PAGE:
In light of the above, the government generally resists the notion that an organization is a victim of its own employees.  Earlier this year, in denying a restitution request from a company, Judge Rakoff in the Southern District of New York wrote that a company’s “efforts to root out misconduct, however extensive, do not ‘immunize the corporation from liability when its employees, acting within the scope of their authority, fail to comply with the law.’” He further noted that “the mere fact that the defendants may have misled other employees or agents of [the company does not relieve [the company of its criminal liability under the principle of respondeat superior, especially where, as here, the wrongdoing was committed by company’s highest officers.

    In sum, a company seeking to show that it is not responsible for the bad acts of its employees faces an uphill fight. Which brings us to the FIFA prosecutions, a topic that would not typically be blogworthy for the FDA law blog.

    At a very general level, starting in 2015, in a high profile series of prosecutions, the DOJ accused a number of top FIFA officials of widespread criminal conduct.    At that time, DOJ noted that “[t]he defendants charged in the indictment include high-ranking officials of the Fédération Internationale de Football Association (FIFA), the organization responsible for the regulation and promotion of soccer worldwide.”  That type of headline typically signals that the organization is going to be a defendant, not a victim, but earlier this week, DOJ announced that FIFA would be receiving victim compensation in the form of remission.  In that same announcement, DOJ noted that:  “To date, the prosecutions have resulted in charges against more than 50 individual and corporate defendants from more than 20 countries, primarily in connection with the offer and receipt of bribes and kickbacks paid by sports marketing companies to soccer officials in exchange for the media and marketing rights to various soccer tournaments and events.”  In other words, despite a widespread and seemingly systemic fraud, the organization was a victim.  These types of resolutions are intensely fact-specific, and for all the reasons noted above a company that simply claims that it’s a victim without laying the factual and legal basis for such a claim is unlikely to get very far, but nevertheless, this case is relevant precedent for companies who find themselves investigating employee misconduct and navigating government investigations.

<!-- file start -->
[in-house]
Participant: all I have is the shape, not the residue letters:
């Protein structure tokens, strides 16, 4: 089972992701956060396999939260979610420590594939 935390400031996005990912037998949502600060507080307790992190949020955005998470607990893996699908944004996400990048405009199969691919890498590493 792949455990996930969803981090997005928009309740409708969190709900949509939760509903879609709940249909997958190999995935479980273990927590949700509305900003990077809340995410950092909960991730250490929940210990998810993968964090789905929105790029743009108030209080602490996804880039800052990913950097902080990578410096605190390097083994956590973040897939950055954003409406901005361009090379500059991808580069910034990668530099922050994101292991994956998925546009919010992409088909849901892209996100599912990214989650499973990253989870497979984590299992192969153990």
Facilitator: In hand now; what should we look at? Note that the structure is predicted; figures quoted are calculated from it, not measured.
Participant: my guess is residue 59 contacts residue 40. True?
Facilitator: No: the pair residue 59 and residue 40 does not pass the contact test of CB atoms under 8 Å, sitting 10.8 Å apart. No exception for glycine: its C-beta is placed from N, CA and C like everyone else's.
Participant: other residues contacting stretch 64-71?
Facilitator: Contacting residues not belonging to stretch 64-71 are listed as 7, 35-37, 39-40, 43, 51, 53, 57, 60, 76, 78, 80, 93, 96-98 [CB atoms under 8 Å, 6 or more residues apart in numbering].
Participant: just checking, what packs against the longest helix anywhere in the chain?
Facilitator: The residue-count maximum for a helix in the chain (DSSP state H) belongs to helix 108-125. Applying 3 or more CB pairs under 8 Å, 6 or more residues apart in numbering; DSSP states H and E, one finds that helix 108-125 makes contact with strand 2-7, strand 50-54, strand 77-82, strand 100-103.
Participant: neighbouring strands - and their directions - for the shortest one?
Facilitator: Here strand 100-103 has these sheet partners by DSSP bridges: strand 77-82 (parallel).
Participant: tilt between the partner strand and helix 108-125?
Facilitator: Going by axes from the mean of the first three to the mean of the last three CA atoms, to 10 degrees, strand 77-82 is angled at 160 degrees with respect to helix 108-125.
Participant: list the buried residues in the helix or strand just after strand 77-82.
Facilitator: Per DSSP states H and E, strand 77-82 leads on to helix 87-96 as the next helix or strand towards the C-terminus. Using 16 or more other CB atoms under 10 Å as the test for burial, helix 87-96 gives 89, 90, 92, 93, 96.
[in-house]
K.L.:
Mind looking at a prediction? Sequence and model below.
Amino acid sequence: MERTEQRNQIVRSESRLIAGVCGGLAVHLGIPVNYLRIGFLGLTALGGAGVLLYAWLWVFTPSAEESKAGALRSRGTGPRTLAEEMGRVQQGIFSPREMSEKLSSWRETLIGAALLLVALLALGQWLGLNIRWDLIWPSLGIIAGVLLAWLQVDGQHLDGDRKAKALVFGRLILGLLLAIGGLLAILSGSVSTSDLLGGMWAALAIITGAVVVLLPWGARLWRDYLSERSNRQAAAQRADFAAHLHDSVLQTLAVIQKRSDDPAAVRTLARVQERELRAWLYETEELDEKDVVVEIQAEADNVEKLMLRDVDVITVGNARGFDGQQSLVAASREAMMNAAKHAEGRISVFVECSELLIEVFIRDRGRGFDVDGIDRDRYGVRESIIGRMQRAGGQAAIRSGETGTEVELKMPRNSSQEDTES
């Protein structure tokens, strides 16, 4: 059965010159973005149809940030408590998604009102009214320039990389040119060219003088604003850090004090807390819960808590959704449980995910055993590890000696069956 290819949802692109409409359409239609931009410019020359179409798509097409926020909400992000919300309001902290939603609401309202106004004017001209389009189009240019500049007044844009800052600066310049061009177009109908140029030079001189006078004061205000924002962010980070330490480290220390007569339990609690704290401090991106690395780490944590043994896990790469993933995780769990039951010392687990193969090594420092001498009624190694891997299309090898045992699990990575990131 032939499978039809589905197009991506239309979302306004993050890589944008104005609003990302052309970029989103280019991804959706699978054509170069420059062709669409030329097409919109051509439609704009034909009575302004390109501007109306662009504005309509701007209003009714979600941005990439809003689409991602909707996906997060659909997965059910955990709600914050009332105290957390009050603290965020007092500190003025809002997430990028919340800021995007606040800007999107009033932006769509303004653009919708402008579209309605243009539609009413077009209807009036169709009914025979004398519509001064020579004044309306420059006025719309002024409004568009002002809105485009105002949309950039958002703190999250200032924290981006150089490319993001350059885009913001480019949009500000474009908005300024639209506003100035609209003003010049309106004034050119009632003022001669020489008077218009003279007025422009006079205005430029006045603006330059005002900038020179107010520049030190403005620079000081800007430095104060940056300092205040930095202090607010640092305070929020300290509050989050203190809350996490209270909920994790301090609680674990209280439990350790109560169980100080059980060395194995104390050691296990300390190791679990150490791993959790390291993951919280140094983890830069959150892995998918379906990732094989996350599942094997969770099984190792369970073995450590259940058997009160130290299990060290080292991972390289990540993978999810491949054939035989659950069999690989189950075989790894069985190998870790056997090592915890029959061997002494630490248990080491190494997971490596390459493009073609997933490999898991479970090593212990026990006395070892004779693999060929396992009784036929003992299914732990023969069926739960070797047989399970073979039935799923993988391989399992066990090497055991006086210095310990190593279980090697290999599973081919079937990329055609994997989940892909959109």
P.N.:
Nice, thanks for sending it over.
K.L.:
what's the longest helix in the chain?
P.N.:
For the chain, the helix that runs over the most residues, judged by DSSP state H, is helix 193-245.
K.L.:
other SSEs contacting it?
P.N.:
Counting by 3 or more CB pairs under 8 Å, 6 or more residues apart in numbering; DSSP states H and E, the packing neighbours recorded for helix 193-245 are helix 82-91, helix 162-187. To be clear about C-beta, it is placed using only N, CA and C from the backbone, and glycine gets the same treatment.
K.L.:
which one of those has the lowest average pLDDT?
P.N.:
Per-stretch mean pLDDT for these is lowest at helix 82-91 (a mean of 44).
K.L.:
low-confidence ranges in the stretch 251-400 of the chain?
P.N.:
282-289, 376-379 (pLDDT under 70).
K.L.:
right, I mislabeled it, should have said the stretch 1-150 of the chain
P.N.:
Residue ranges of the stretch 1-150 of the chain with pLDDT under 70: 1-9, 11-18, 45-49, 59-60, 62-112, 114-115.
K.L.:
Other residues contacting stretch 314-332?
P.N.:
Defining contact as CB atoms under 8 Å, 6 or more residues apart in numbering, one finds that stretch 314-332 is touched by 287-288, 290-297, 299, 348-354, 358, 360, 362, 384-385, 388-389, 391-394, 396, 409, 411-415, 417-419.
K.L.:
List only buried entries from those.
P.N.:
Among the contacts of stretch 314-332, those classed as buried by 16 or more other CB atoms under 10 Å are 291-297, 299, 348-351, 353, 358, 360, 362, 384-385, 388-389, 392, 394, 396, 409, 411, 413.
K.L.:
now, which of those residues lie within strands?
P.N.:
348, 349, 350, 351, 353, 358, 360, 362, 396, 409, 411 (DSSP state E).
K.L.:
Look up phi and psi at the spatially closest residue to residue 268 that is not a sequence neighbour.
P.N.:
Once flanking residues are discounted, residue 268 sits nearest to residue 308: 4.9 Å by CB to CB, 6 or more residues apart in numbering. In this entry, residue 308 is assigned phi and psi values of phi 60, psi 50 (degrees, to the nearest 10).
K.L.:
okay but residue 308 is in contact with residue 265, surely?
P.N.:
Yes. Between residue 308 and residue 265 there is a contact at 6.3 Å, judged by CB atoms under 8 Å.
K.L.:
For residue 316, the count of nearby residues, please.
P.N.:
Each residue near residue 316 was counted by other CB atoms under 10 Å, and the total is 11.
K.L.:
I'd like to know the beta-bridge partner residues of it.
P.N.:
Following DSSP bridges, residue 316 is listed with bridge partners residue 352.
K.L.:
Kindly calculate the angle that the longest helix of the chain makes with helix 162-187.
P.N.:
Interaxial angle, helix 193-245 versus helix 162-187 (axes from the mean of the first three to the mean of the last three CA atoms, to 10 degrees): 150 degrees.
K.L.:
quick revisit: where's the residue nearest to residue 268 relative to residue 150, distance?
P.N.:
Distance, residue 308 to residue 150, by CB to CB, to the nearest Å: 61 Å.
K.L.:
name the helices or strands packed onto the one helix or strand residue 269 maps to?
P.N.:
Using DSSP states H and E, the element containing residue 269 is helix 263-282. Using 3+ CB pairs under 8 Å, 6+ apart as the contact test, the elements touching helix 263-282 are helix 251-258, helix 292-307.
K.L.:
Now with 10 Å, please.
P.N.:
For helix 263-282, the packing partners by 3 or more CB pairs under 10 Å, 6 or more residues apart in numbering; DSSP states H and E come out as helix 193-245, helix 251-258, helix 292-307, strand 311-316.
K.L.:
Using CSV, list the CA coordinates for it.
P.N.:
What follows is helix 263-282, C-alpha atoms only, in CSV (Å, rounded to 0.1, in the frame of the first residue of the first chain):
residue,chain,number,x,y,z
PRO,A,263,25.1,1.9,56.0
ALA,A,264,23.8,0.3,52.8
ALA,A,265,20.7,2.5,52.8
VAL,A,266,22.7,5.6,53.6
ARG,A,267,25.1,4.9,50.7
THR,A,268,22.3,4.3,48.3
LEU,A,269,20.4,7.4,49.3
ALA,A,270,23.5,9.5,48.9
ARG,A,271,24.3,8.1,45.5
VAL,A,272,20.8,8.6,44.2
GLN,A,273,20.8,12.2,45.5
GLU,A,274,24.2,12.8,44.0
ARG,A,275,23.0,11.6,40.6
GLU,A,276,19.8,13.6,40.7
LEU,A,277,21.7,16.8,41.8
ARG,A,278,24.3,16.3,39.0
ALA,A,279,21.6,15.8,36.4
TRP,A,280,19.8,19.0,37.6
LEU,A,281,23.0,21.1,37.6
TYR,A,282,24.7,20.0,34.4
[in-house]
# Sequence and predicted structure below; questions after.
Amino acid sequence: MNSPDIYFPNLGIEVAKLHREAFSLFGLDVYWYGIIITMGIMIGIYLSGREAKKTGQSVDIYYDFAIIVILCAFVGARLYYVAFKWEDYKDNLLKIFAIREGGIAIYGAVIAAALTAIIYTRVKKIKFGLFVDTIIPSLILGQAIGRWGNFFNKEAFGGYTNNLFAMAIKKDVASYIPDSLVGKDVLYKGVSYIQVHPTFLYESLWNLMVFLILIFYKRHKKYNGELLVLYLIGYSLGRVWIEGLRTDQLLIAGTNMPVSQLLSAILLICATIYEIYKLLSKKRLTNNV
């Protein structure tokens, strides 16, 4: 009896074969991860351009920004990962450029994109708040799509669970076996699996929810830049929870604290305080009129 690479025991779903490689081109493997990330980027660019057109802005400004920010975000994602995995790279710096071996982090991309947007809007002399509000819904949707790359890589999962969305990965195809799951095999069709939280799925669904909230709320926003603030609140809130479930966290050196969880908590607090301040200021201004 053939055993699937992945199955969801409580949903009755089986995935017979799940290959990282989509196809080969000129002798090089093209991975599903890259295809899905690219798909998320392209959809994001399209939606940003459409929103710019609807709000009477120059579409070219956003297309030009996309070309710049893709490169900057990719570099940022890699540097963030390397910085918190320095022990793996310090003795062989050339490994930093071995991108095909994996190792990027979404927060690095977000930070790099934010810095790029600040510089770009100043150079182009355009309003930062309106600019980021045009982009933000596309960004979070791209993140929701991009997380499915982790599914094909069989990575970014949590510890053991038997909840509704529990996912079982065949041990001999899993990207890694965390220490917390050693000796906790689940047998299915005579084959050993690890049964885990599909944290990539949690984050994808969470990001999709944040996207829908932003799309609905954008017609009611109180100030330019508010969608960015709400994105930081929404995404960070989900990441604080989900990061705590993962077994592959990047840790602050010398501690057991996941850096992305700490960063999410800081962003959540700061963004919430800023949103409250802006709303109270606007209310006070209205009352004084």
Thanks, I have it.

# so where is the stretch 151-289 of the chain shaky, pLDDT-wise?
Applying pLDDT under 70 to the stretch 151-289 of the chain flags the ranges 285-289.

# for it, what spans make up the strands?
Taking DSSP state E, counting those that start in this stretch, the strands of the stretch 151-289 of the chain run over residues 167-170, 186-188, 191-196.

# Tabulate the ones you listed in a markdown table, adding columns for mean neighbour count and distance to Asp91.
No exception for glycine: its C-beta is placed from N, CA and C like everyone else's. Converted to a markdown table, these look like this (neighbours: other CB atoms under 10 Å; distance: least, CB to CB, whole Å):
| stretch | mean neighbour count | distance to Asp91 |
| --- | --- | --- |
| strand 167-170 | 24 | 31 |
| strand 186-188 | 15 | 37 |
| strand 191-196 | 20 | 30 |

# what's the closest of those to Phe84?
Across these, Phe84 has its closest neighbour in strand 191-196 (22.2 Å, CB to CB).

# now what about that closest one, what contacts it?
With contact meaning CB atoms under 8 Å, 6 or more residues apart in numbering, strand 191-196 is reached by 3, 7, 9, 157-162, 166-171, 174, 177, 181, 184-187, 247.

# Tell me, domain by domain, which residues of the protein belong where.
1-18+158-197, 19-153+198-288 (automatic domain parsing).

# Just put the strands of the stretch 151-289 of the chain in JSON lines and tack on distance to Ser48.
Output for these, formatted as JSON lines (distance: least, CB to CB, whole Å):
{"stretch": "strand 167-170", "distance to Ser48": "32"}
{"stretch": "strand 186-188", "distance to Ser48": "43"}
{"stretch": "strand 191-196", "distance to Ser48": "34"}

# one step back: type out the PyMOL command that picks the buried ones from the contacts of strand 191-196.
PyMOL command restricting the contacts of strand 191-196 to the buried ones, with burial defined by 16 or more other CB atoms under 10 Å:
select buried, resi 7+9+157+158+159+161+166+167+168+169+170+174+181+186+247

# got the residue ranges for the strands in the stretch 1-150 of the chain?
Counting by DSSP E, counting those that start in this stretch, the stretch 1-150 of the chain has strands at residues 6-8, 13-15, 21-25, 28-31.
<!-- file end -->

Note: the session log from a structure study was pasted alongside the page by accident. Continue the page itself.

PhRMA Code Revised in Response to OIG Special Fraud Alert on Speaker Programs

    On August 6, 2021, the Pharmaceutical Research and Manufacturers of America (PhRMA) announced the release of a revised PhRMA Code on Interactions with Health Care Professionals, which takes effect on January 1, 2022.  The PhRMA Code is a voluntary code of conduct focusing on the pharmaceutical industry’s interactions with health care professionals as they relate to the marketing of products.  The PhRMA Code is updated periodically to reflect changes in industry norms or, as is likely the case with the latest revision, in response to political pressure or increased scrutiny from the federal government.

    The latest changes to the PhRMA Code are primarily focused on speaker programs, including meals and drinks offered, the venue used, and attendance at such programs.  These revisions appear to be responsive to a November 16, 2020 Special Fraud Alert issued by the Office of Inspector General at the U.S. Department of Health and Human Services (OIG) (see our blog post on this Special Fraud Alert here).